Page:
Getting rid of port binaries in /software

Nicolas Martin nicolas.martin.3d at
Tue May 17 15:38:24 PDT 2016

> On May 17, 2016, at 5:15 PM, Clemens Lang <cal at> wrote:
> On Tue, May 17, 2016 at 10:58:56AM -0400, Nicolas Martin wrote:
>> I have looked for real answers regarding this question through the
>> mailing list, but did not really understand the purpose of these
>> files.
> MacPorts always keeps a tarball of the files installed by a certain
> port in this directory. This allows you to switch between installed
> versions or between ports that would otherwise conflict without
> re-installing them completely. port activate/port deactivate implement
> this.

Is there a way to have MacPorts behave so as to completely reinstall a port if one needs to ? 
I would prefer to wait through the process of building and activating the port again if I need to, than to lose quite a lot of space with duplicated binaries I almost never have to activate again.

> The rationale here is that after an update you can test the updated
> version of a software for a while, and if you notice it causes problems
> you can file a ticket and easily go back to the old version with a
> simple
>  sudo port activate @oldversion

I understand this, but if you never have to revert to an older version of a package, this is quite a waste of space.

> MacPorts used to keep these files in a directory and just hard-link them
> into $prefix, but that (a) means modifications to files in $prefix
> affect the supposed-to-be prinstine copy, and (b) isn't easy to download
> as pre-built binary. For this reason, we switched to tarballs a while
> back and now provide pre-built binaries for some of these tar balls.
>> I have almost 5Gb of archives (tbz2) in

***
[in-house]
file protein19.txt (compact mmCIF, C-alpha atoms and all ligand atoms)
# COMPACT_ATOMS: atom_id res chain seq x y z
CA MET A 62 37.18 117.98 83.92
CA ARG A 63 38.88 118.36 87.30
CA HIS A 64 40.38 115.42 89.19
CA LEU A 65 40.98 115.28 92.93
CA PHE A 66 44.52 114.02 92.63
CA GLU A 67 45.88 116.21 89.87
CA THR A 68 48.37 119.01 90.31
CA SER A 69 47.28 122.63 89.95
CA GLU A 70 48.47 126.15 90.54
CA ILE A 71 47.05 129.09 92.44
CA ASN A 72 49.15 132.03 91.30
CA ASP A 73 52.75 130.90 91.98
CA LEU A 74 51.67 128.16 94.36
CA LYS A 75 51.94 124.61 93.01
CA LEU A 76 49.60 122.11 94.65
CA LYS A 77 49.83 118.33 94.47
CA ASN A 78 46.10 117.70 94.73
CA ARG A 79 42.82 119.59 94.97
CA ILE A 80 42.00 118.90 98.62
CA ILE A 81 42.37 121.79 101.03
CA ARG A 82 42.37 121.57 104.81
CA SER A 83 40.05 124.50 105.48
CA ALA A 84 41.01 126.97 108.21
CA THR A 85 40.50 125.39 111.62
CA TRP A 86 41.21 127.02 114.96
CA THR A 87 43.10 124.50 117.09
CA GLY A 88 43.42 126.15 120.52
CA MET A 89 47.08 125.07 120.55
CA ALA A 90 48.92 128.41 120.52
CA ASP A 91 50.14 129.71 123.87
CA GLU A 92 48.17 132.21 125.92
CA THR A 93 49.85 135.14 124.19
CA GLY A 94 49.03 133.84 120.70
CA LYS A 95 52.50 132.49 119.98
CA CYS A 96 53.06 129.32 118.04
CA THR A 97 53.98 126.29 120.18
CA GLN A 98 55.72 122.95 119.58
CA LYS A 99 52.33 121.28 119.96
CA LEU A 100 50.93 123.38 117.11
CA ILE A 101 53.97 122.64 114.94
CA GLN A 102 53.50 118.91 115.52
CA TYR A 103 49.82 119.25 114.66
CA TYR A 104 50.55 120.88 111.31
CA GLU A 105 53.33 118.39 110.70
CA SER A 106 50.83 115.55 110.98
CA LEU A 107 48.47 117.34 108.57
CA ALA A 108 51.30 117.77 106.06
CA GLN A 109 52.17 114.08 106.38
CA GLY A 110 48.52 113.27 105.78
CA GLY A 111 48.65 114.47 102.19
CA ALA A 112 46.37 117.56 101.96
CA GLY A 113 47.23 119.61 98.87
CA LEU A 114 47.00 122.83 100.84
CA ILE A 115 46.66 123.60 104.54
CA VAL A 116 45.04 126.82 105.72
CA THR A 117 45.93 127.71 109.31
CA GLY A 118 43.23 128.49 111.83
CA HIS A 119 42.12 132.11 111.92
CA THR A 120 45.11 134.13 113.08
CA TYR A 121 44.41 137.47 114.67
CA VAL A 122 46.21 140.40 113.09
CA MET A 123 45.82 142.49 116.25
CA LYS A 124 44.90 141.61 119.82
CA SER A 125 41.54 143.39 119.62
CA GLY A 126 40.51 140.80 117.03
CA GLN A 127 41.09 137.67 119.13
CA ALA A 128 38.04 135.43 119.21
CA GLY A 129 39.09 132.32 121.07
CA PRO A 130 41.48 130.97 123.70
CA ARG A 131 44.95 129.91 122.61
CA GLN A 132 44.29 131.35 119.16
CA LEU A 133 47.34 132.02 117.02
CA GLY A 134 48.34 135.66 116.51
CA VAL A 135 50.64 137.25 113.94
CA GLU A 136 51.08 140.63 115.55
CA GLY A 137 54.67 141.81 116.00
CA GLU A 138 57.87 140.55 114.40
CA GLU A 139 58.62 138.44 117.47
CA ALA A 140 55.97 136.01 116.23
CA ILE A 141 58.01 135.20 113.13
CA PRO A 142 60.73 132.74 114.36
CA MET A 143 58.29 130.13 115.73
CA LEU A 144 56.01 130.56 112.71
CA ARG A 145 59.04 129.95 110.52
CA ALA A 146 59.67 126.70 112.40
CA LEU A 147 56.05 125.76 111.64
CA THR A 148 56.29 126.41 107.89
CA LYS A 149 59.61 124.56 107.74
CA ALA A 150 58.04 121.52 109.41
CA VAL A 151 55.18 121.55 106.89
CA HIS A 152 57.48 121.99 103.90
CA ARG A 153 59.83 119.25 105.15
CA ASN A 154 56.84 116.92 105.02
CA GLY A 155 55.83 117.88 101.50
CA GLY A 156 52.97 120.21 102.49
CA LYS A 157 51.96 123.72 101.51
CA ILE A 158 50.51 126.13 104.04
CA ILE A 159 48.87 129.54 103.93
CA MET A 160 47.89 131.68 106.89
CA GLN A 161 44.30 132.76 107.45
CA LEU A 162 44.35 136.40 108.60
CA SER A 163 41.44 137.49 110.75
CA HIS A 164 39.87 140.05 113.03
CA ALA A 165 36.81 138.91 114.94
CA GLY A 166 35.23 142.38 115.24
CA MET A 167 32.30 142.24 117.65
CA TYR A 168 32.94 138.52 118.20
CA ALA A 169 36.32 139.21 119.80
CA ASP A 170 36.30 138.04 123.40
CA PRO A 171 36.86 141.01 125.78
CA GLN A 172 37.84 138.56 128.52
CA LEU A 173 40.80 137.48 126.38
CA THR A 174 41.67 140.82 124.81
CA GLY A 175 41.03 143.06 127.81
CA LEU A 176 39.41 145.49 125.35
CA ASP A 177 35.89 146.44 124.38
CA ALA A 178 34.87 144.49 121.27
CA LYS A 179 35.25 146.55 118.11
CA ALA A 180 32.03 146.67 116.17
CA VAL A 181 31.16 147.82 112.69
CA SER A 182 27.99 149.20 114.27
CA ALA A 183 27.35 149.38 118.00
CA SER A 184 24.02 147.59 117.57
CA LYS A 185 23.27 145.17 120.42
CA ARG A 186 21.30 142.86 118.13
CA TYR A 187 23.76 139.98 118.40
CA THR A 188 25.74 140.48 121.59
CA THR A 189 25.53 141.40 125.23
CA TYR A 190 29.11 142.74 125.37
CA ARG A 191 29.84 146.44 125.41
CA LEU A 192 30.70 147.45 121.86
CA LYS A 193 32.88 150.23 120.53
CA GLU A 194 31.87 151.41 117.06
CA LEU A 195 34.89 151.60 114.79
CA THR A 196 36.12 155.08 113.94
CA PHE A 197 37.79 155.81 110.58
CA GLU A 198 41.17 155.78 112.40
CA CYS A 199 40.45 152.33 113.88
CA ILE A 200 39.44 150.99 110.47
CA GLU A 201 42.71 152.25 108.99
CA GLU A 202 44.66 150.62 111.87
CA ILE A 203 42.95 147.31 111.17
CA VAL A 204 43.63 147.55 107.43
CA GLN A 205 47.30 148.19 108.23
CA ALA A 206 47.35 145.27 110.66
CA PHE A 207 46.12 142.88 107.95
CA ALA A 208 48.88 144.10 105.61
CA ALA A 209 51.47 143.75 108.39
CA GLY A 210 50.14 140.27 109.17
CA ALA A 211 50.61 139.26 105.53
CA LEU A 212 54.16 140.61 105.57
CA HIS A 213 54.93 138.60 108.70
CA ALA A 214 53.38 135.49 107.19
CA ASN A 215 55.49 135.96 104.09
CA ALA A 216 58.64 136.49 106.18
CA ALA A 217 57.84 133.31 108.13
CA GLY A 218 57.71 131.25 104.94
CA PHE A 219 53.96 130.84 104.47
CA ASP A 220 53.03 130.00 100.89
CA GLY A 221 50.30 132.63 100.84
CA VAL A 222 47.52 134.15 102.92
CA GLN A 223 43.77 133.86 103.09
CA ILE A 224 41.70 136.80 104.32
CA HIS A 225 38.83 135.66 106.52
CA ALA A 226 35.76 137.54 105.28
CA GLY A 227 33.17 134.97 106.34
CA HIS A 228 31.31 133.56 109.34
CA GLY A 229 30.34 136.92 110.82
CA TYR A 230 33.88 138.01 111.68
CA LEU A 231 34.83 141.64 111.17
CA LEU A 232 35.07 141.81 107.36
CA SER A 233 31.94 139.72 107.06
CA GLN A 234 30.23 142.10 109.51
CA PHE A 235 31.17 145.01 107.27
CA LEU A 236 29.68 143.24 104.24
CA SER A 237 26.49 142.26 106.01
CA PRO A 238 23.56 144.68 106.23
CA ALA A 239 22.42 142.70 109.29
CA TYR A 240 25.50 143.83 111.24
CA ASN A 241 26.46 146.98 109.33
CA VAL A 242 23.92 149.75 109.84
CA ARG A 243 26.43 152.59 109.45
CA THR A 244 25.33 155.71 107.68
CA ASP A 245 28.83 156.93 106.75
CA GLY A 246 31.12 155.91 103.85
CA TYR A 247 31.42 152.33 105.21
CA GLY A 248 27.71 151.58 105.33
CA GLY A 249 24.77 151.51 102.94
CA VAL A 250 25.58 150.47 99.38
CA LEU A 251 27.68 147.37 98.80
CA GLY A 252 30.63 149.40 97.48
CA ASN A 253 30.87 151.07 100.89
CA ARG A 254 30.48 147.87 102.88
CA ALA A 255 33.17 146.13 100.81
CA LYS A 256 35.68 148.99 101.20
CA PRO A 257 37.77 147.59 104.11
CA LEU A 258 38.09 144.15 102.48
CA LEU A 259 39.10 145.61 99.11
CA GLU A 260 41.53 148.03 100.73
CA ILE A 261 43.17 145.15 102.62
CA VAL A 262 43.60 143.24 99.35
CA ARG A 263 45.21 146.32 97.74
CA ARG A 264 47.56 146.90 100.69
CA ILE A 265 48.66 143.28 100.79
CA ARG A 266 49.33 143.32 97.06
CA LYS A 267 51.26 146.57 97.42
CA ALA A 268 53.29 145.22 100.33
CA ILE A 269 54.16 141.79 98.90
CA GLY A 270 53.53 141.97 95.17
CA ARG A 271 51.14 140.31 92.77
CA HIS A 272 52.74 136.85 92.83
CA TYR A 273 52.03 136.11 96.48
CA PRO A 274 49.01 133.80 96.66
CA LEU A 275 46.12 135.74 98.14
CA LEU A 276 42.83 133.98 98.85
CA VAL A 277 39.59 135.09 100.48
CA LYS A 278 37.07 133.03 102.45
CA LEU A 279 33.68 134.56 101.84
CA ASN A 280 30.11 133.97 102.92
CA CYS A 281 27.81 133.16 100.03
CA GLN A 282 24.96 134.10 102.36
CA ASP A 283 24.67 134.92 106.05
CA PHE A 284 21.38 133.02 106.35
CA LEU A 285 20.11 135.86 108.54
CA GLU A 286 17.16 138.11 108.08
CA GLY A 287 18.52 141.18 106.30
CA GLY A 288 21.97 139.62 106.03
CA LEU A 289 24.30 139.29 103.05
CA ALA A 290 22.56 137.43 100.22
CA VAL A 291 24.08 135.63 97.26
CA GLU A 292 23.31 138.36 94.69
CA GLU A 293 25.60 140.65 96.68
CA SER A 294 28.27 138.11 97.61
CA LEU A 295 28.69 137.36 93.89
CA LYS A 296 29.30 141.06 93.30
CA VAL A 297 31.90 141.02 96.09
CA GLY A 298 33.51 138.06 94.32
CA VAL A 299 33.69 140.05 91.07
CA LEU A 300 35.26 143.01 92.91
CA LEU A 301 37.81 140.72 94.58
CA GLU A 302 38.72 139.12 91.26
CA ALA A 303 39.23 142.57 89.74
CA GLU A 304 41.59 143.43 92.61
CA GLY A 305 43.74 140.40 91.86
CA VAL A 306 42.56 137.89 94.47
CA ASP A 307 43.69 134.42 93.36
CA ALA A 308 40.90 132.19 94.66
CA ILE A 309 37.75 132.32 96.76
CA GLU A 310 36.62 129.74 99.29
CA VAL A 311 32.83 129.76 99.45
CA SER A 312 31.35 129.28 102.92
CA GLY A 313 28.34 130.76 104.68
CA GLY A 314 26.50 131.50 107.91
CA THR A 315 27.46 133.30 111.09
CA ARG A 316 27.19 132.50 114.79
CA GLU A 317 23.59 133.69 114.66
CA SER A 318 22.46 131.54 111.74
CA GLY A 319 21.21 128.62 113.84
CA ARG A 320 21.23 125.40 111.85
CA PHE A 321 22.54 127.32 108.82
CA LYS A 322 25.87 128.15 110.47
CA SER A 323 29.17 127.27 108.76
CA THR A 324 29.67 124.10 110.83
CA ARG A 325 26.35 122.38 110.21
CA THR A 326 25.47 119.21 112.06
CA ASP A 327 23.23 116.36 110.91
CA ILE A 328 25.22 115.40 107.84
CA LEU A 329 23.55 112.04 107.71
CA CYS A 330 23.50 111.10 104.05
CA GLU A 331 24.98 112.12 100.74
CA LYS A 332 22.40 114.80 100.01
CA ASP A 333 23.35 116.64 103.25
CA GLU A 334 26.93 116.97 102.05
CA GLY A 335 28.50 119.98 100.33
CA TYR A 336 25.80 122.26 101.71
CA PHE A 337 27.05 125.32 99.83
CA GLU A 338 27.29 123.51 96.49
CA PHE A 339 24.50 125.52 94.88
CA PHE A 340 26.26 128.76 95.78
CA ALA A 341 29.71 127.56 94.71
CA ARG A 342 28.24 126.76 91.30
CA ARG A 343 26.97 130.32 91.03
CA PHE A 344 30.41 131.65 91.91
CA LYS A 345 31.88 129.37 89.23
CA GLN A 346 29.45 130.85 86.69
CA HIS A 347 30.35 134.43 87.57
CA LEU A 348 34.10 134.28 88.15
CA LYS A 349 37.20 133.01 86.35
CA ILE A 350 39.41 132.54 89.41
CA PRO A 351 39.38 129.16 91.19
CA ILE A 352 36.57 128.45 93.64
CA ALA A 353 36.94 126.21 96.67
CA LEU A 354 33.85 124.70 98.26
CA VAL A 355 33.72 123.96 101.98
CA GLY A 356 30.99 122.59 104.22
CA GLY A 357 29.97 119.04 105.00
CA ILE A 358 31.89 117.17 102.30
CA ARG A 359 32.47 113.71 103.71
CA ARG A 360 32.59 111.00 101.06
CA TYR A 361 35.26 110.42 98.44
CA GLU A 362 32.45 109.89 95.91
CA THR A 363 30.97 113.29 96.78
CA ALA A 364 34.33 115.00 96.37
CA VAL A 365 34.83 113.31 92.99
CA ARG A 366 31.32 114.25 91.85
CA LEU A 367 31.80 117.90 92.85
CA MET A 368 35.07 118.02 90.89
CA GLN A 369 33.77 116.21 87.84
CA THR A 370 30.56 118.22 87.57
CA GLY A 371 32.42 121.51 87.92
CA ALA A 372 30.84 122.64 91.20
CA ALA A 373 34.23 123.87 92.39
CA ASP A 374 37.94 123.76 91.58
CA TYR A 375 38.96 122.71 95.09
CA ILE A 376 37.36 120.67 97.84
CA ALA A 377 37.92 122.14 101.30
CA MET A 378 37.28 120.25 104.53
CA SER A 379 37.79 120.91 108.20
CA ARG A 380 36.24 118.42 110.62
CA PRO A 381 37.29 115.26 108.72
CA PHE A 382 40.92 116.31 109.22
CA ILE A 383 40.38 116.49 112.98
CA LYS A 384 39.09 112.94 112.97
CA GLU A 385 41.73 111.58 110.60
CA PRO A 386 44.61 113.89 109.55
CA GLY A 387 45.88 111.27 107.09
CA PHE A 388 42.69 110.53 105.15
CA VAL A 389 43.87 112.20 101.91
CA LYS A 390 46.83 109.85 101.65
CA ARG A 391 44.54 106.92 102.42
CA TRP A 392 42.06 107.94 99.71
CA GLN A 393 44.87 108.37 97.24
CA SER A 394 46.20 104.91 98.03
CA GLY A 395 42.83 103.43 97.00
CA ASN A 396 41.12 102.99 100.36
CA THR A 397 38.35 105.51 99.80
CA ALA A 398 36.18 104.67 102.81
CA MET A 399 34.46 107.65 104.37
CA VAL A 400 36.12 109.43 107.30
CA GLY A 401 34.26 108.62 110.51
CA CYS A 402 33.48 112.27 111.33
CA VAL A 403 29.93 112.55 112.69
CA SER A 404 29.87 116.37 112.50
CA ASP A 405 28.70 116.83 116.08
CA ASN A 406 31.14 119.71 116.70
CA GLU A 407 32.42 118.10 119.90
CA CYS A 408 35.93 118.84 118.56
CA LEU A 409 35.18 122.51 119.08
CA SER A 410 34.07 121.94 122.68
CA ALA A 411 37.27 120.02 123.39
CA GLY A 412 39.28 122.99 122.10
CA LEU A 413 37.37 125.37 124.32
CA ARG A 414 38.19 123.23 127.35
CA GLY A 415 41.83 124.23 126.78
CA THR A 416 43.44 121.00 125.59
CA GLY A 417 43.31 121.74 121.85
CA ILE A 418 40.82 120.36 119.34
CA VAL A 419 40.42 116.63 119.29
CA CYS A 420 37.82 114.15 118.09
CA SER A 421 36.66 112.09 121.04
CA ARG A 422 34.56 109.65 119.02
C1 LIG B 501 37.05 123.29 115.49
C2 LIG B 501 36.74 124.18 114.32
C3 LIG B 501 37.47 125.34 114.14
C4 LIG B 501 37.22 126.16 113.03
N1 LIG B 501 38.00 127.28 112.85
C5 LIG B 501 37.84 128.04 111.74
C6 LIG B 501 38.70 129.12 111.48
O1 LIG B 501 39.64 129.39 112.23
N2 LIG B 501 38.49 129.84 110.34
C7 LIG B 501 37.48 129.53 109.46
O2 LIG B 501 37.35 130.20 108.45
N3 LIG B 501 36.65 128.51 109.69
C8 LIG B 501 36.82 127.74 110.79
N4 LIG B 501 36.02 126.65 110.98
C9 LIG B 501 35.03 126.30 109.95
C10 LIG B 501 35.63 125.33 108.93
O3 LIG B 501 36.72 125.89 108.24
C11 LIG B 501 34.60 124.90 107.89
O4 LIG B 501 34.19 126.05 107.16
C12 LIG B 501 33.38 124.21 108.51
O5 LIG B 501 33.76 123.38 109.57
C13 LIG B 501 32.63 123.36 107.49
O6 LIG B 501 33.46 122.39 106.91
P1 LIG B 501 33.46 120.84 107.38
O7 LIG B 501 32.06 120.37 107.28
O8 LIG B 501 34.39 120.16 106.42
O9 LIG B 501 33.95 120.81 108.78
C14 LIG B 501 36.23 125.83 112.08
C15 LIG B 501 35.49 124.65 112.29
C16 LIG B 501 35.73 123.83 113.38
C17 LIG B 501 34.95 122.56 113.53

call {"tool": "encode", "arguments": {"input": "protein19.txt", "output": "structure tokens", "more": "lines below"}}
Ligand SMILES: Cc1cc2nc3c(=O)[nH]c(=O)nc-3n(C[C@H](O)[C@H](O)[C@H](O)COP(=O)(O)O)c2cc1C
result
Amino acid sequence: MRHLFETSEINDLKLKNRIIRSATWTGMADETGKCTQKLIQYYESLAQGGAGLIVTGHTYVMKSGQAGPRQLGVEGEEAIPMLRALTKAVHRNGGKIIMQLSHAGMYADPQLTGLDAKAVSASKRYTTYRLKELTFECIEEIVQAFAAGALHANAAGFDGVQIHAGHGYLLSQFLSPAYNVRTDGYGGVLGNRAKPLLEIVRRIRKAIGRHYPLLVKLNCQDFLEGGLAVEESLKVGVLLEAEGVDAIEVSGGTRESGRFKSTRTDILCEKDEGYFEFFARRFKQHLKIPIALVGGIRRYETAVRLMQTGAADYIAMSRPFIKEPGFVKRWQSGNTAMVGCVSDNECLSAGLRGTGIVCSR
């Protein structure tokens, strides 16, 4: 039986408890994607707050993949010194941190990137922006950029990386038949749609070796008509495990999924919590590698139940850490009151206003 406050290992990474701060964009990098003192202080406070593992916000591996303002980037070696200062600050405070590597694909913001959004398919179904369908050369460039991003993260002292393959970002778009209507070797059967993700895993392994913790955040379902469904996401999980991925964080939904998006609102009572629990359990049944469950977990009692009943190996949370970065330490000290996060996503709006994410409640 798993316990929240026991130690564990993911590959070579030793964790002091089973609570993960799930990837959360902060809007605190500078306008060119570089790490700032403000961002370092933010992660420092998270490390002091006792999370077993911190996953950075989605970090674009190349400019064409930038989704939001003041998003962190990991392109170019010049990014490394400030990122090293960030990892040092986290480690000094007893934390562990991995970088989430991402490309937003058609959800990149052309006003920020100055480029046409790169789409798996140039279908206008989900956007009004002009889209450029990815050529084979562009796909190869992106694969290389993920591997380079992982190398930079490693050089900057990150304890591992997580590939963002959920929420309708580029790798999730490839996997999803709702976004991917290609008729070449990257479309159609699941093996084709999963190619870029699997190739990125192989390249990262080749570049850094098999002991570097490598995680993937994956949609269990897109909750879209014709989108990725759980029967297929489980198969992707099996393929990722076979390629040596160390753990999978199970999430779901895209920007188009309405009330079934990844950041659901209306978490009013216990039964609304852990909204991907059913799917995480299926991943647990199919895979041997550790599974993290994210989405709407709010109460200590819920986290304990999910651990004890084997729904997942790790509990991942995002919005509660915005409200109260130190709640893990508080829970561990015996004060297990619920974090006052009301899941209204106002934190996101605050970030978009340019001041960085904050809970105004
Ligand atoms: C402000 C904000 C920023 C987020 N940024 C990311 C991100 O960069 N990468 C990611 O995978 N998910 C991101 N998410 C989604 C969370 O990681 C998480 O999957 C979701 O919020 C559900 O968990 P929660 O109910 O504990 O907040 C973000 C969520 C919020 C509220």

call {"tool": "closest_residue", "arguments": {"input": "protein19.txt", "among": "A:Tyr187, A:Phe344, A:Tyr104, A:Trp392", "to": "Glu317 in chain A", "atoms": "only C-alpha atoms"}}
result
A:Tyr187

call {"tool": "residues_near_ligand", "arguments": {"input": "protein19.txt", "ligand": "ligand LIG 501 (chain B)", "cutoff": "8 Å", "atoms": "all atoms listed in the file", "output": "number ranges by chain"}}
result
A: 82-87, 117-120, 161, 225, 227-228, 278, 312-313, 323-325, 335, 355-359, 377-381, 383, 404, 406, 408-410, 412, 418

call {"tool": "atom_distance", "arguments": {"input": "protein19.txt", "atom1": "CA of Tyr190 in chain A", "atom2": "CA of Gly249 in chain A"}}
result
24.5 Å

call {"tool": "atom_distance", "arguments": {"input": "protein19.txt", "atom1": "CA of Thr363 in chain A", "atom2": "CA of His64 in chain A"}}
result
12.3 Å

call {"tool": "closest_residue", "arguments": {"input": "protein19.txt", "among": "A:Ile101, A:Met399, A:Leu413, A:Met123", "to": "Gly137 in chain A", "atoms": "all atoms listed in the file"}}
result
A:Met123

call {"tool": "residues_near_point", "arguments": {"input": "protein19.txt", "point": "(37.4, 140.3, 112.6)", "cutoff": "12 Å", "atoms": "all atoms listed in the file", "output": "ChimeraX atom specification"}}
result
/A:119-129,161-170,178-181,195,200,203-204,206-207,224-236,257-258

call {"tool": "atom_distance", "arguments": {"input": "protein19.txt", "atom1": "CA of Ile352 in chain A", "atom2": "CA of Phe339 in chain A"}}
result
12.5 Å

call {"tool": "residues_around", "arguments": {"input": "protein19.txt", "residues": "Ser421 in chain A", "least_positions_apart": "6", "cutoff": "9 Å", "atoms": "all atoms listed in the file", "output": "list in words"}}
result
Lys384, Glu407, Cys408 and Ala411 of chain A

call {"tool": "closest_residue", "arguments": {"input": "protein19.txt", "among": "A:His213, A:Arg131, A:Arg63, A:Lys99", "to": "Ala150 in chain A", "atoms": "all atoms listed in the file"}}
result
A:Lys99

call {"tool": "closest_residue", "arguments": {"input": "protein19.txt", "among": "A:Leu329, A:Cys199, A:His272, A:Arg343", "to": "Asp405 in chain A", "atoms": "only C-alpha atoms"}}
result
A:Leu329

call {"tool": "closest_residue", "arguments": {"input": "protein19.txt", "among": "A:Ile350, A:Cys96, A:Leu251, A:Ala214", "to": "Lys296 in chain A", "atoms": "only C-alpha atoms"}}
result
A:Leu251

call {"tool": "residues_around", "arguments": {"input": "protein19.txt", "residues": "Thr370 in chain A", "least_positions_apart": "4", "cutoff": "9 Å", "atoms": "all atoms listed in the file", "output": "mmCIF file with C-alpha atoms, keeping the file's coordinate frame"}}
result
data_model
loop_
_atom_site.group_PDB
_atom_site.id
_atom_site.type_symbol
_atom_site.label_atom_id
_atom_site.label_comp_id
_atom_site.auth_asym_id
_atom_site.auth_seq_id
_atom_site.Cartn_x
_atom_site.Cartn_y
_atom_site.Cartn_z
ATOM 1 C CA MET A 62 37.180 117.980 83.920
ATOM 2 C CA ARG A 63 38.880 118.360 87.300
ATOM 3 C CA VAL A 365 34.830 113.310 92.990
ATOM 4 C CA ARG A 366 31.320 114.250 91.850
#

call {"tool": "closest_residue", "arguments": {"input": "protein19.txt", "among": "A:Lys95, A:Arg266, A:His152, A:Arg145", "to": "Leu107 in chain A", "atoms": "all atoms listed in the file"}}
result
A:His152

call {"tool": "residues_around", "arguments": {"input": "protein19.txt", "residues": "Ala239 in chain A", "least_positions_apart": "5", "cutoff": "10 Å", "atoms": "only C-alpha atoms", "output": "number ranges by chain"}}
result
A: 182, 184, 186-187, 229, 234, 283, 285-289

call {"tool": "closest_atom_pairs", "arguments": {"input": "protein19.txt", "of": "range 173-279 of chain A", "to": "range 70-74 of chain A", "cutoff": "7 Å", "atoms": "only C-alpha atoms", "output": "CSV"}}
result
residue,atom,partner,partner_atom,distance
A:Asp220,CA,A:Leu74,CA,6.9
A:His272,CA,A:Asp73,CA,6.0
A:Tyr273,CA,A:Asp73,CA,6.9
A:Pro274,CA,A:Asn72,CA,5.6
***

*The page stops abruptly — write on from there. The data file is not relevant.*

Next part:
>> /opt/local/var/macports/software.
> You seem to have quite a few ports installed. My software directory is
> 3.4G with 652 installed ports.

Well clang and llvm occupies a whooping 1.2G by themselves alone.

>> I have already run the port uninstall inactive command, so from my
>> understanding, what remains in this path is from currently active and
>> used ports.
> Correct.
>> What I don’t understand, and does not seem to be clear from any posts
>> I have read regarding the matter, is why should these archives be
>> kept?
> If you delete those archives you can no longer deactivate and
> re-activate a port. In addition to the use case above, this is also
> helpful when one of the files installed by the port was corrupted for
> some reason -- just de- and re-activate it.

I suppose that if I were to manually delete those archives, MacPorts would not be so kind as to detect this and just start the build process over again, if he needs to ?

Would it be safe then to have some of /opt/local/var/macports symlink-ed on an external hard drive ? 
I would only plug the drive if I need to activate/deactivate those old (and large) ports, but small ports would be stored on my main drive.
Would MacPorts still function with such a setup ?


More information about the macports-users mailing list